Nikko National Park

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Nikko National Park is located 77.7 miles (125 km) north of Tokyo in the northern part of Japan. The national park encompasses an area of 443.06 square miles (1,147.53 sq km).  Oze National Park, originally part of Nikko, is an adjacent national park located on the western border of Nikko’s boundaries.

The historical Buddhist shrines and temples combined with the stunning landscapes of nature have earned Nikko a UNESCO World Heritage designation.  A 2-day excursion out of Tokyo enables visitors to experience much of what the park has to offer.  The people of Japan believe this is one of their most beautiful places of nature.

The park is comprised of rivers, lakes, waterfalls, mountains, forests, and plateaus.  Shrines, temples, and bridges are dispersed across the park adding to the cultural and natural landscapes that draw many locals and international guests to the park.

Lake Chuzenii covers 4.49 square miles (11.62 sq km) of the area and offers picturesque lake landscapes.  Kegon Falls reaches a height of 318 feet (97 m) and is one of Japan’s three highest waterfalls.  Ryuzu Falls at 200 feet (60 m) is a sister waterfall worthy of the views.

Mount Nantai, with a summit of 8,156 feet (2,486 m) and Mount Nikko-Shirane, with a peak of 8,458 feet (2,578 m) are beautiful mountains both offering hiking trails up to the summit.  The views out over the valleys and scenic landscapes of the park are worth the challenging endeavor.

The park is also famous for the abundance of plants and tree species.  Maples, firs, white-skunk cabbage, and Japanese cedar are some of the more popular.  Collectively, they also work together to create stunning fall foliage landscapes.  This is one of the best times to visit the park when the colors of the trees change creating spectacular pallets of colors across the forested valleys and mountainsides.

Toshogu is renowned as one of the most breathtakingly decorated shrines.  Along with this stunning work of craftsmanship, travelers can also see the Hall of the Medicine Buddha, statues of the three wise monkeys, and the intricately decorated Yomei-mon Gate.  These cultural and historical features add to the park experience and help make it a destination for everyone.

Nikko Highlights

The abundance of opportunities, both culturally and naturally, is one of the highlights of Nikko National Park.  Kegon, Kirifuri-Kogen, and Ryuzu Falls along with river and lake landscapes all make for highlights for those that get out and hike.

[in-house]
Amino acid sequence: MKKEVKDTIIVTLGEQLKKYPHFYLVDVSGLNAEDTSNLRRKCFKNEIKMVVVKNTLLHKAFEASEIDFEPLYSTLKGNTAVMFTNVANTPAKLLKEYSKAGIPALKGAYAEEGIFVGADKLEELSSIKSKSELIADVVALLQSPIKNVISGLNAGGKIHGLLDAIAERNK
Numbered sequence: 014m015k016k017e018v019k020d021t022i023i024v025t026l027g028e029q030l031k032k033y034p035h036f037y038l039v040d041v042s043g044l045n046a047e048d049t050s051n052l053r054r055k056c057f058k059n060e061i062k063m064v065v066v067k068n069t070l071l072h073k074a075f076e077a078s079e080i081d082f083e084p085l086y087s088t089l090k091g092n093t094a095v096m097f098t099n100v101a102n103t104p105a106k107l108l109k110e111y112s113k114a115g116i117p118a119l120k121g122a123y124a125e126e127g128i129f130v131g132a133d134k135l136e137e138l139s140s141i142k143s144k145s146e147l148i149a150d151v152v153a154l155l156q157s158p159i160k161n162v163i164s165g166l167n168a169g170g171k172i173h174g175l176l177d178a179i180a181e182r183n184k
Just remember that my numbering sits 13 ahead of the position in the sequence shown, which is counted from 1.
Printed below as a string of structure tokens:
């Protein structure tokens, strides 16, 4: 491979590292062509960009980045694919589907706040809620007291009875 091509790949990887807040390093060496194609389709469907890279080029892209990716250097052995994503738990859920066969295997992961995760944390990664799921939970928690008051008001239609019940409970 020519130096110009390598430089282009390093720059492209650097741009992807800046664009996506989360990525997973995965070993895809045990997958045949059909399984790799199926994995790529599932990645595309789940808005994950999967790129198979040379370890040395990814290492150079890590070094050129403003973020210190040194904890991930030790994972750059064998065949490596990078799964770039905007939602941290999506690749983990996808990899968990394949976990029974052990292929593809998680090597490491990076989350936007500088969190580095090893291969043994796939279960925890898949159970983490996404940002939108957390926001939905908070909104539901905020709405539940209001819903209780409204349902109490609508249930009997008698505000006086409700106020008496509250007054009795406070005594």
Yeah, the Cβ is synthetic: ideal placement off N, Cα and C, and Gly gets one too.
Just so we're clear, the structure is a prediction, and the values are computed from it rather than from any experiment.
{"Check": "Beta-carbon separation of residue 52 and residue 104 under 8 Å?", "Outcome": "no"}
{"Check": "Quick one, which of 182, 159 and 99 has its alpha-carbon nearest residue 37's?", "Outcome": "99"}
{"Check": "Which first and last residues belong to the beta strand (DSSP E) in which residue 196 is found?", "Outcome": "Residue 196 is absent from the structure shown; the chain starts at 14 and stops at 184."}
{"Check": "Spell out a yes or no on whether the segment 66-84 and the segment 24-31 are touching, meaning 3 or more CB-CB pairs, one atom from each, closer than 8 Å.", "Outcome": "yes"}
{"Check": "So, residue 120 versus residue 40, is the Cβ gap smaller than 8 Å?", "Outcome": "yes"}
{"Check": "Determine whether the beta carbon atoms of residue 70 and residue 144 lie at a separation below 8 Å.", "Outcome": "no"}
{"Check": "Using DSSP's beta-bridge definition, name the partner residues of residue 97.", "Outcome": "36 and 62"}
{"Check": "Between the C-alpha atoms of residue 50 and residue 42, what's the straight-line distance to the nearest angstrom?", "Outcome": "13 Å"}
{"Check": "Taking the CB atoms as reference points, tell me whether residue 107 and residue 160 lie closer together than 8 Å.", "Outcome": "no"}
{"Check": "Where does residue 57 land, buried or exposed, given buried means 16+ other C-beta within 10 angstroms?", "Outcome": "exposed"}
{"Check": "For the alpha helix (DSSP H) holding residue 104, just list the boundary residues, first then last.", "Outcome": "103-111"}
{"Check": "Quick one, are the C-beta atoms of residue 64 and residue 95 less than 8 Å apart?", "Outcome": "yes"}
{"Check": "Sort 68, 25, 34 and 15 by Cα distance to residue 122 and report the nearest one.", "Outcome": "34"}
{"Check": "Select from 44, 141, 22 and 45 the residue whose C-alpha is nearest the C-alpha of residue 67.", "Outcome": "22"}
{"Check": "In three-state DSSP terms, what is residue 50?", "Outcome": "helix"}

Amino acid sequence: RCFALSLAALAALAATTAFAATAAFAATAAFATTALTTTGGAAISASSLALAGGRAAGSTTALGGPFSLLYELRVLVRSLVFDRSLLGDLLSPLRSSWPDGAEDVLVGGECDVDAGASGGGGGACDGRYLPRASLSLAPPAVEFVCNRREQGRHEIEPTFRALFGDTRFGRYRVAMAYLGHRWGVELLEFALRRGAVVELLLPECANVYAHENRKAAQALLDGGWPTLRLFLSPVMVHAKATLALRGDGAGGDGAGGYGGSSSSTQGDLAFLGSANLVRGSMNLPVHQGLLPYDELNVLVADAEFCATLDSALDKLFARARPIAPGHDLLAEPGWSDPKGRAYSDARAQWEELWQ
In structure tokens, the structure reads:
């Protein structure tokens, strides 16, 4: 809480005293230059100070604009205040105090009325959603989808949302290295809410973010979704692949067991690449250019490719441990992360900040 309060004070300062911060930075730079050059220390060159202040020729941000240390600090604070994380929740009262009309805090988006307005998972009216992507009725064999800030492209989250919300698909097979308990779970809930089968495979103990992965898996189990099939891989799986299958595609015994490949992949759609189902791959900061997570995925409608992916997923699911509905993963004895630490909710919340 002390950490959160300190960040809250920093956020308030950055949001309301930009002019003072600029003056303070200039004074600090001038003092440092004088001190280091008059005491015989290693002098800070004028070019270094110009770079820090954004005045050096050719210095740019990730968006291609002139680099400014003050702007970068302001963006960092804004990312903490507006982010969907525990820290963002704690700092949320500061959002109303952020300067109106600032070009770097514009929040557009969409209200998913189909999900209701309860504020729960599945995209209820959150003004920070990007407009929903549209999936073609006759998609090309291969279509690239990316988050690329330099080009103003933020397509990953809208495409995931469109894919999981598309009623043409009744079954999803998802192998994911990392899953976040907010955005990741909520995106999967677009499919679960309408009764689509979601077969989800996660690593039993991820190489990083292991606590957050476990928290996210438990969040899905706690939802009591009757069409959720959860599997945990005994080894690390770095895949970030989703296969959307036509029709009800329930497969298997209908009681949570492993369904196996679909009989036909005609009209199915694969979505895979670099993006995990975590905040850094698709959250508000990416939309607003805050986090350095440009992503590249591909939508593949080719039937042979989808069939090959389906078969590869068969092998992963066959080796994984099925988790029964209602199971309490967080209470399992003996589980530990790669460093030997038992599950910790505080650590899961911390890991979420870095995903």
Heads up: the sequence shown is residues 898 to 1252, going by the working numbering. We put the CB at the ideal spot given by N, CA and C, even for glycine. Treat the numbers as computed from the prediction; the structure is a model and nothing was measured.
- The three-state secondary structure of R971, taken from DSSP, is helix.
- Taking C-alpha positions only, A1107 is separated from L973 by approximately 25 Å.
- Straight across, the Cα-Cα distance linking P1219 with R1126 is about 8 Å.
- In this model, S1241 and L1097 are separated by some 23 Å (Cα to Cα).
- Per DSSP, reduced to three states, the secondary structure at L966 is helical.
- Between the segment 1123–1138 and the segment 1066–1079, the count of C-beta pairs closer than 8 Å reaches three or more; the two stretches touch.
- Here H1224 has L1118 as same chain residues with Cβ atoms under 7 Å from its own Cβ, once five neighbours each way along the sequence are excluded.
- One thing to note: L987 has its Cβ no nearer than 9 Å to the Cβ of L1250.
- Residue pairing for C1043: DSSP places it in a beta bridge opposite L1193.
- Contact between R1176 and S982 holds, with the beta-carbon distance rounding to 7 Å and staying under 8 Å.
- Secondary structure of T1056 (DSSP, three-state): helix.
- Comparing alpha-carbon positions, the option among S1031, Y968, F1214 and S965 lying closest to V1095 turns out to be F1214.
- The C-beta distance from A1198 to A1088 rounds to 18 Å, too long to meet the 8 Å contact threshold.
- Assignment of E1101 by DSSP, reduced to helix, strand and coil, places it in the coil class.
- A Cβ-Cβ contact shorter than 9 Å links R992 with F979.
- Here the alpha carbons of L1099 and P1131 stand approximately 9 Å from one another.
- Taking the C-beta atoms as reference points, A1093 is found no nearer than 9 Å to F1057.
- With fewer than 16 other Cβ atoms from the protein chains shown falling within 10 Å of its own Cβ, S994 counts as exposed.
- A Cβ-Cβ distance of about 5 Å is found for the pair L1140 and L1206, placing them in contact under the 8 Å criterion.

Hiking is probably the most common and pursued activity within the park.  It is a great way to experience the cultural and natural features of the park.  The flowering months of April and May or the colored fall foliage are two of the favorite times to visit.

Trails of Nikko National Park

Nikko National Park is a great place to go walking and hiking with numerous trails.  Some are more challenging than others, but there are options for everyone.  Hiking around Nikko National Park is one of the best ways to experience the cultural and natural features of the park.

Ryuoky Valley Trail:  Those that enjoy water should adventure into this easy 3-hour hike along the valley and river affectionately known as the “Valley of the Dragon King.”  The river seems to change colors varying between blue, purple, and white.  There is minimal elevation change as the trail covers a distance of 3.7 miles(6 km).

Kirifuri Kogen Trail:  This is another trail for those that enjoy waterfalls and related water river landscapes.  This is another trail with little elevation changes.  The shorter part of the trail allows visitors to see Kirifuri Falls, however for those that adventure further, they can see three additional waterfalls.  Choji, Makkura, and Tamasudare Falls await those that continue on for the 4-hour option.

Mount Nantai:  The trail is more challenging as you ascend up the mountain.  It covers around 3.5 miles (5 km) of distance and demands good footgear.  It takes about 7 hours to make the round trip.

Senjogahara Trail: This is an easy walk with little elevation change that takes you along Lake Chuzenji and areas of the park.  This journey takes about 3 hours.

Lake Chuzenji Trail:  Although you can see the lake from Senjogahara Trail, this trail features picturesque views of Mount Nantai standing over Lake Chuzenji with various views as you trek around the lake.  The journey is normal hiking covering a distance of 8 miles (13 km) and takes around 5 hours to complete.

Lake Yunoko Trail:  This trail only takes a little over an hour to complete.  It is the easiest and shortest trail in the national park.  The ryokans with hot spring baths are something you can use to enhance your hike if you choose.

Lakes Kirikomi and Karikomi Trail:  Although longer, there is little elevation change, making this another easy trail within the park.  Along the way, hikers can visit the Yumoto hot spring as a place to stop and relax or rejuvenate.  The two lakes offer beautiful landscape views as you travel the 5.9 miles (9.6 km) trail around them.

Mount Nakimushi Trail:  This ascent up the mountain is challenging with steep slopes, however, if you make the ascent during the months of April and May, you will be blessed with amazing flowering slopes.  Good hiking shoes are a must.  This ascent takes around 5 hours.

Akagane no Michi Trail:  This trail can be completed in 2 to 3 hours and is another easy hike for visitors.  It is also one of the more aesthetically pleasing hikes with sights including the Ashio Copper Mine, Ashio Shinsui Koen Park, Ashio dam along with the natural features of the park.

Nikko Highlights

  • Senjogahara Plateau
  • Lake Chuzenji
  • Senjugahama Beach
  • Kegon Falls and Kirifuri-Kogen
  • Ryuokyo Gorge
  • Setoaikyo Canyon
  • Cultural Heritage (Toshogu shrine, Rinno-ji Buddhist temple)

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